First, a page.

The Craft of Writing | Science, Art, Craft by Randall ‘Jay’ Andrews
Writing is a science; it is an art; it is a craft. I have worked with writers over the years to improve the mechanical side. Invariably, I meet resistance from writers who have the belief that their voice is somehow changed by the rules of grammar and structure. Some of you reading this, in the back of your mind, are holding your breath and taking a ‘wait and see’ to determine if you agree, because in every crowd is a writer who is sure their uniqueness redefines how writers should write. In truth, in the day of visual media, where the book is an arduous journey, the necessity to follow the rules becomes even more important. One hundred years ago, your pace could be slowed by passive writing because where would the reader turn? Nowhere. The book held the sole entertainment in the lives of most individuals. Today, if I pick up a book and the PACE doesn’t flow, I put it down. I have too many other things happening in my life to laboriously work through a book. If it has 100,000 words, I don’t expect to spend more than eight to ten hours reading it. How can that be done? Pace is merely the art of not letting two things happen, one, passive construction and other confusing structure, and two, meandering. When we communicate in person, so much of our storytelling is told by our expressions, so if we speak passively, it’s hidden by the animation of our presence. Even the use of confusing pronouns can be hidden by the gesture of the hands. “HE told HIM” can be shown by a finger pointed to and fro. Also, when we are in person with someone, we constantly meander. We will throw in how our in-laws are doing in the middle of telling someone a great tidbit about the rise of the Roman Empire.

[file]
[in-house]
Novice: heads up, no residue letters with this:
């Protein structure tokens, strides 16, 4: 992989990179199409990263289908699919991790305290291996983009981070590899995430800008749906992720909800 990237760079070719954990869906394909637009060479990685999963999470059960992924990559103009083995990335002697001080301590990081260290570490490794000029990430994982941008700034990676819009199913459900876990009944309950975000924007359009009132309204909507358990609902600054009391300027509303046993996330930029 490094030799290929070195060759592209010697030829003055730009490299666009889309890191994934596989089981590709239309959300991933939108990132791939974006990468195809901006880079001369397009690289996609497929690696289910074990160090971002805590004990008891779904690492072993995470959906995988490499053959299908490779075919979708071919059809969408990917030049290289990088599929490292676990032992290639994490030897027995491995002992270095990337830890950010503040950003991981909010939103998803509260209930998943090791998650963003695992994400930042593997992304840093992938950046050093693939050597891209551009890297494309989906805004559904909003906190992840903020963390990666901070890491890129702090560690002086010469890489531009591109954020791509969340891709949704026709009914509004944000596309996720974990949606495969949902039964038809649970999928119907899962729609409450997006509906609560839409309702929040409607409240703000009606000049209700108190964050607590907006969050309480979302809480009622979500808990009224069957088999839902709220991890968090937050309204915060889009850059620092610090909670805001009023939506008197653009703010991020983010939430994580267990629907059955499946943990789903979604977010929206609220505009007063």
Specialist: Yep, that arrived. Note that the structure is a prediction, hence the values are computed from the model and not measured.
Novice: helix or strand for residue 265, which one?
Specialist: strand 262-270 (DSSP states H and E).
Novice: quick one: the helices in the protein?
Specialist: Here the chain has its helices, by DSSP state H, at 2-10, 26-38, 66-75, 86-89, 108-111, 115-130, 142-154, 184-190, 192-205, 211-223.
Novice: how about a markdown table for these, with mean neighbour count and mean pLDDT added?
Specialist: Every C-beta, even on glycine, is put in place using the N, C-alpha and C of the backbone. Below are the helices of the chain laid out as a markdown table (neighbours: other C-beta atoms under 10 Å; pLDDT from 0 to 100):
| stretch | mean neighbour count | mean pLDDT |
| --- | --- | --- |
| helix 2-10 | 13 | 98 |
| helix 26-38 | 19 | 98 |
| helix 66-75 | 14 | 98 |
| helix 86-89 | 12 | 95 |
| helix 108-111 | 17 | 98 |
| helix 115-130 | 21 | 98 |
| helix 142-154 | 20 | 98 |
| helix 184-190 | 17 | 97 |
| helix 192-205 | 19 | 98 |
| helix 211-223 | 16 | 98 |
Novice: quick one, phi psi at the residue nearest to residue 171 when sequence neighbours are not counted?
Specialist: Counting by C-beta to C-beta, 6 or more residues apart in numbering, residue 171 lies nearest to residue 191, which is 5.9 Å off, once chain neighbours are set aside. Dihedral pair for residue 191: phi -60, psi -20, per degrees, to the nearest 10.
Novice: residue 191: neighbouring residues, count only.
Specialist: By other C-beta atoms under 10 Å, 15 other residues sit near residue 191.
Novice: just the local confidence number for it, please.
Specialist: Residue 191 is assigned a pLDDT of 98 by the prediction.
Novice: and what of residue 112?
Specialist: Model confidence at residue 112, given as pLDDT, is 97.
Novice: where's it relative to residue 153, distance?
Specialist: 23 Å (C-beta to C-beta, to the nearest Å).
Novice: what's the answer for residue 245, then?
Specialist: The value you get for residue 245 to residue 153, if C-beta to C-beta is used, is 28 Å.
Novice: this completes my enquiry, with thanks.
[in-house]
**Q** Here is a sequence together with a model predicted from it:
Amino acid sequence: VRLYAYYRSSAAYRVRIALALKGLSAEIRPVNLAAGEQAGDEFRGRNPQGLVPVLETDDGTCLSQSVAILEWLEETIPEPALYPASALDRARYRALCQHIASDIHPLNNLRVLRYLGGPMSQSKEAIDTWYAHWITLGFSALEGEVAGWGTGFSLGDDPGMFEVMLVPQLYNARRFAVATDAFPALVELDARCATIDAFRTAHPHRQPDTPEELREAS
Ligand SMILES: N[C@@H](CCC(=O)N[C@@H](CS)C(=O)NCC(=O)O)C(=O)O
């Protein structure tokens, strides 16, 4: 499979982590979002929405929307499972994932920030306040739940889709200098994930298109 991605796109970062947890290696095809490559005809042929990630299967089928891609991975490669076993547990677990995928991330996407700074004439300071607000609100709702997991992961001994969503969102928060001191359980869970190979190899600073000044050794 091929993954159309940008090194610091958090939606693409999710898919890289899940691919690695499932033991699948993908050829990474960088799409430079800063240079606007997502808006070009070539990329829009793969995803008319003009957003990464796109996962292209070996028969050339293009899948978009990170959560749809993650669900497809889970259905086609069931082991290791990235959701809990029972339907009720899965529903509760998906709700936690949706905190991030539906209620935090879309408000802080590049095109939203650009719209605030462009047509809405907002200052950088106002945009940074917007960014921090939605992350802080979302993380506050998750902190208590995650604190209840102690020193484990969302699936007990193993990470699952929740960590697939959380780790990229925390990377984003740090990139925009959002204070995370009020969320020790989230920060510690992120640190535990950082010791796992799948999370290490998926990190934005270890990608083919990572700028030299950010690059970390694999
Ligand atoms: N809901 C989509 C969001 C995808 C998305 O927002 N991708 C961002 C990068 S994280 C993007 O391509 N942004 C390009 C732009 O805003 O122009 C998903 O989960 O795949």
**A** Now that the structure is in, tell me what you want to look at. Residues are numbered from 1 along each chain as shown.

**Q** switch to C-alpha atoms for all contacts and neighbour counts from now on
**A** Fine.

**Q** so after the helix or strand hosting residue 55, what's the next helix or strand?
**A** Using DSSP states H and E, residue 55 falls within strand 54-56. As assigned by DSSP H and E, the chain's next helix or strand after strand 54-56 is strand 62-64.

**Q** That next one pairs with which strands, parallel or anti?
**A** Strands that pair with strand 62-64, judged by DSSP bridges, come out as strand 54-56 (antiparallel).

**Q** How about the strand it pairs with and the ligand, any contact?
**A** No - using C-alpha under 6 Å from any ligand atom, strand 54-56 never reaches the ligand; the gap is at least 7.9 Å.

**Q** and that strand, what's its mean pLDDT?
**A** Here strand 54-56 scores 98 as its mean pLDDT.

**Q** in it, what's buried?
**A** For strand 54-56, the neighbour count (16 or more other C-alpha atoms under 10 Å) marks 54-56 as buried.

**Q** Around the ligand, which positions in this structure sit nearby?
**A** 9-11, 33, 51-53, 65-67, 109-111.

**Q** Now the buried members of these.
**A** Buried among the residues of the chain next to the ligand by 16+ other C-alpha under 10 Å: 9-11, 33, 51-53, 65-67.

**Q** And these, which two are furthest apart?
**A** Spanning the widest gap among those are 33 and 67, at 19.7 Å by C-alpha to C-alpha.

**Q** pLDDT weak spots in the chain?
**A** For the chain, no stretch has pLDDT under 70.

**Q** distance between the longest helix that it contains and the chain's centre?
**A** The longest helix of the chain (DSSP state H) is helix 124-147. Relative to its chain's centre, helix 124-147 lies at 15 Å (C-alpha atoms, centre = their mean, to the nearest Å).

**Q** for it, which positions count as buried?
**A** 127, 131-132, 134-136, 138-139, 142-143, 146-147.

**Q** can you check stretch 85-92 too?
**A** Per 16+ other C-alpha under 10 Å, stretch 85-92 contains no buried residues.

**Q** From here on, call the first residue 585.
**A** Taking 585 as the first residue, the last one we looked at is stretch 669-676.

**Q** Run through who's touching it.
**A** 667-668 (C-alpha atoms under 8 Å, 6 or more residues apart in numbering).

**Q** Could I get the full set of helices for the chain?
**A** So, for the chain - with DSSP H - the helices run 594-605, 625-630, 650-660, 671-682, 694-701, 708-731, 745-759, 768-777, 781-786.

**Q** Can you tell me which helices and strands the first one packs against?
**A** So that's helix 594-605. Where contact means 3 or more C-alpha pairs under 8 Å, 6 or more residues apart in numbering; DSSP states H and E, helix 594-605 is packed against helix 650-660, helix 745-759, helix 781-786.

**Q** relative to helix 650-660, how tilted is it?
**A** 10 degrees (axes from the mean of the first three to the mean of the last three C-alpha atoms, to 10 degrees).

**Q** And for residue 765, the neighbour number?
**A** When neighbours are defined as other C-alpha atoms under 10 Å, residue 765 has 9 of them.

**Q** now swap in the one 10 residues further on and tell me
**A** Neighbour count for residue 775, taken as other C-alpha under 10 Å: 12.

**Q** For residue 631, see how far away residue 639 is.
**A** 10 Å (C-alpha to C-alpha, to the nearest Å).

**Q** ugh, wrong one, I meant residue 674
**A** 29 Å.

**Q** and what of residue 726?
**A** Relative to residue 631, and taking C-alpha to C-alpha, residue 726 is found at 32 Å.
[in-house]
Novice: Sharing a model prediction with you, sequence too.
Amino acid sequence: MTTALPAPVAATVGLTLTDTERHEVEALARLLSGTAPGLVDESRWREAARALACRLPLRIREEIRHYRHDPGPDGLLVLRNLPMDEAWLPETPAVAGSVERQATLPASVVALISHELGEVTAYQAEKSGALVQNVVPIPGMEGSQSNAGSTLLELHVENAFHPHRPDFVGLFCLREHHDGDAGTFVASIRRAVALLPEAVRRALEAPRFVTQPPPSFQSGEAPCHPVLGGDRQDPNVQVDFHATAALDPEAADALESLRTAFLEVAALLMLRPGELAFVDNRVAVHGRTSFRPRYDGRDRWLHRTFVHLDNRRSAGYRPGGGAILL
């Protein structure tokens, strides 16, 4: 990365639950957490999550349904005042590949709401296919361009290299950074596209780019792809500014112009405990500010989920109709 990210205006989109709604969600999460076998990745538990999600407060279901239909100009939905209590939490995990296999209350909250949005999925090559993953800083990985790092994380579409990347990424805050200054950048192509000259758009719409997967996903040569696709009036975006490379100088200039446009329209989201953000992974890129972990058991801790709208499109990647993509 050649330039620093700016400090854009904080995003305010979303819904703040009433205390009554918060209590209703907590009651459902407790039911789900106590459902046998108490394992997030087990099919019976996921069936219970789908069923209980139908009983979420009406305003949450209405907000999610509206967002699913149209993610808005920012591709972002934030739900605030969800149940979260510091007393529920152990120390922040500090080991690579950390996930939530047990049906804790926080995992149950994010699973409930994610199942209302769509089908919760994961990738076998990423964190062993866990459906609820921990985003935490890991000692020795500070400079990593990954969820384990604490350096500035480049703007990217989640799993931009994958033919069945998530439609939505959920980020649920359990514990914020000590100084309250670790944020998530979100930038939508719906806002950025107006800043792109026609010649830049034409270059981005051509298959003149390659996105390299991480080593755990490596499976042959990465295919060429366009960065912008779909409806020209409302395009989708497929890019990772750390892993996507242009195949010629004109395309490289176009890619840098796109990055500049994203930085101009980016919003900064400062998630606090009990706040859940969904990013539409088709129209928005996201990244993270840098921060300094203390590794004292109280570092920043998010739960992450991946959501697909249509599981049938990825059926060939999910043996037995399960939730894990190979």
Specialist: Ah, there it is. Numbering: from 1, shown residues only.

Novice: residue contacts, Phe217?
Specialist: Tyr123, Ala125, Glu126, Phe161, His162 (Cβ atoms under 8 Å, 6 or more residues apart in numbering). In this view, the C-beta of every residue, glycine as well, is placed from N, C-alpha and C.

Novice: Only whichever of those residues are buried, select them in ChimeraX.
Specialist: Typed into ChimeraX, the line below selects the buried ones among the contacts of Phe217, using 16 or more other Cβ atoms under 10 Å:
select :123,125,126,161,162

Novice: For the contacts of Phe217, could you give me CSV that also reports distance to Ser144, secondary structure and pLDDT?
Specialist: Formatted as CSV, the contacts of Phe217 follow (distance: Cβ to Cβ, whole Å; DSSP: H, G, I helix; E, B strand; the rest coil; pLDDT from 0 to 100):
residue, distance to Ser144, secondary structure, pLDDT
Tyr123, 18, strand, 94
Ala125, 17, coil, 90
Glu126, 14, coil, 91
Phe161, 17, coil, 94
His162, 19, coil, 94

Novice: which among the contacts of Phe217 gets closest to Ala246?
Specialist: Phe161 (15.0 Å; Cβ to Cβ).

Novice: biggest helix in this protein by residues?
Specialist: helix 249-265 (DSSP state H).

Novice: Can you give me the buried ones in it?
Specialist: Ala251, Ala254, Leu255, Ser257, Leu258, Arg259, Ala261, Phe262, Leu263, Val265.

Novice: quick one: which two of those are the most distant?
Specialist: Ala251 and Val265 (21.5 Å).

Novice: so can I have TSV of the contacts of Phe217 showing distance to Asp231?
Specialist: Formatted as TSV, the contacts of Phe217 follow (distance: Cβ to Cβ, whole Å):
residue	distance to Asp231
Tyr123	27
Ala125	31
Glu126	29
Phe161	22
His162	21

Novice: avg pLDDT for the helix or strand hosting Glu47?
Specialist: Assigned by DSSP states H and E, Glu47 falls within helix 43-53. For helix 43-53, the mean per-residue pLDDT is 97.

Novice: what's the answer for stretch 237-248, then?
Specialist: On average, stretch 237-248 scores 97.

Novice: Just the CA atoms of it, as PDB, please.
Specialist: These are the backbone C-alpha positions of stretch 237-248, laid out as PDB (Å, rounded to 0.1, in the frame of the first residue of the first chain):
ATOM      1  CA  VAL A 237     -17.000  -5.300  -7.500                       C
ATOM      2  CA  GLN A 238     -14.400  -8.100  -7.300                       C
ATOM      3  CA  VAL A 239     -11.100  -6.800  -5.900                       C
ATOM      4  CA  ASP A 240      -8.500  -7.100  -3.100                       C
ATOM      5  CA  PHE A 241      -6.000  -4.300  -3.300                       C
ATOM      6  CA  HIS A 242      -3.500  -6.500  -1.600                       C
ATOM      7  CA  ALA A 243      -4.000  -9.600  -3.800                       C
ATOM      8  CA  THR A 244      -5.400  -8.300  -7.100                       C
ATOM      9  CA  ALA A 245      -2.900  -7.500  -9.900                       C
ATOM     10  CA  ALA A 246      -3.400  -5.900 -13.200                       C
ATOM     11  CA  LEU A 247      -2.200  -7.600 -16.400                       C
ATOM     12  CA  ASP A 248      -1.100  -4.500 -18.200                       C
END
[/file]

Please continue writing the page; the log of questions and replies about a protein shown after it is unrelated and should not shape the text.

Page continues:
Of course, all the rules of writing and how to create pace doesn’t do a writer any good if they don’t know the fundamentals of how to tell a story. Telling a story isn’t as easy as most amateur writers think, and yes, most writers are amateurs. Wait, let me take that back, OVERWHELMINGLY most writers are amateurs. They have no actual training. They decided one day they could become a writer by merely picking up a pen and jotting down their thoughts. They sat at home and painstakingly took four years to write that opus, and now are pissed an agent doesn’t see how great it is. When they are tested on their acuity, they take offense when someone says, “This isn’t very good.” The amateur does one of two things. They either shrink back into their back room and curse the world, or they lift themselves out of amateur status by taking courses, attending workshops, finding outstanding critique groups, or self-teaching themselves through outstanding books on writing. Hopefully, all of the above. A story is about a theme, a problem, and a solution. I will call out the ‘pantsers,’ no educated forum of how to write would suggest you start developing characters if you don’t have a story to tell. I couldn’t care less what you believe and how successful you are in developing a story this way, you would be MORE SUCCESSFUL If you had a story to tell first. Because then you would know where every sentence you develop is going.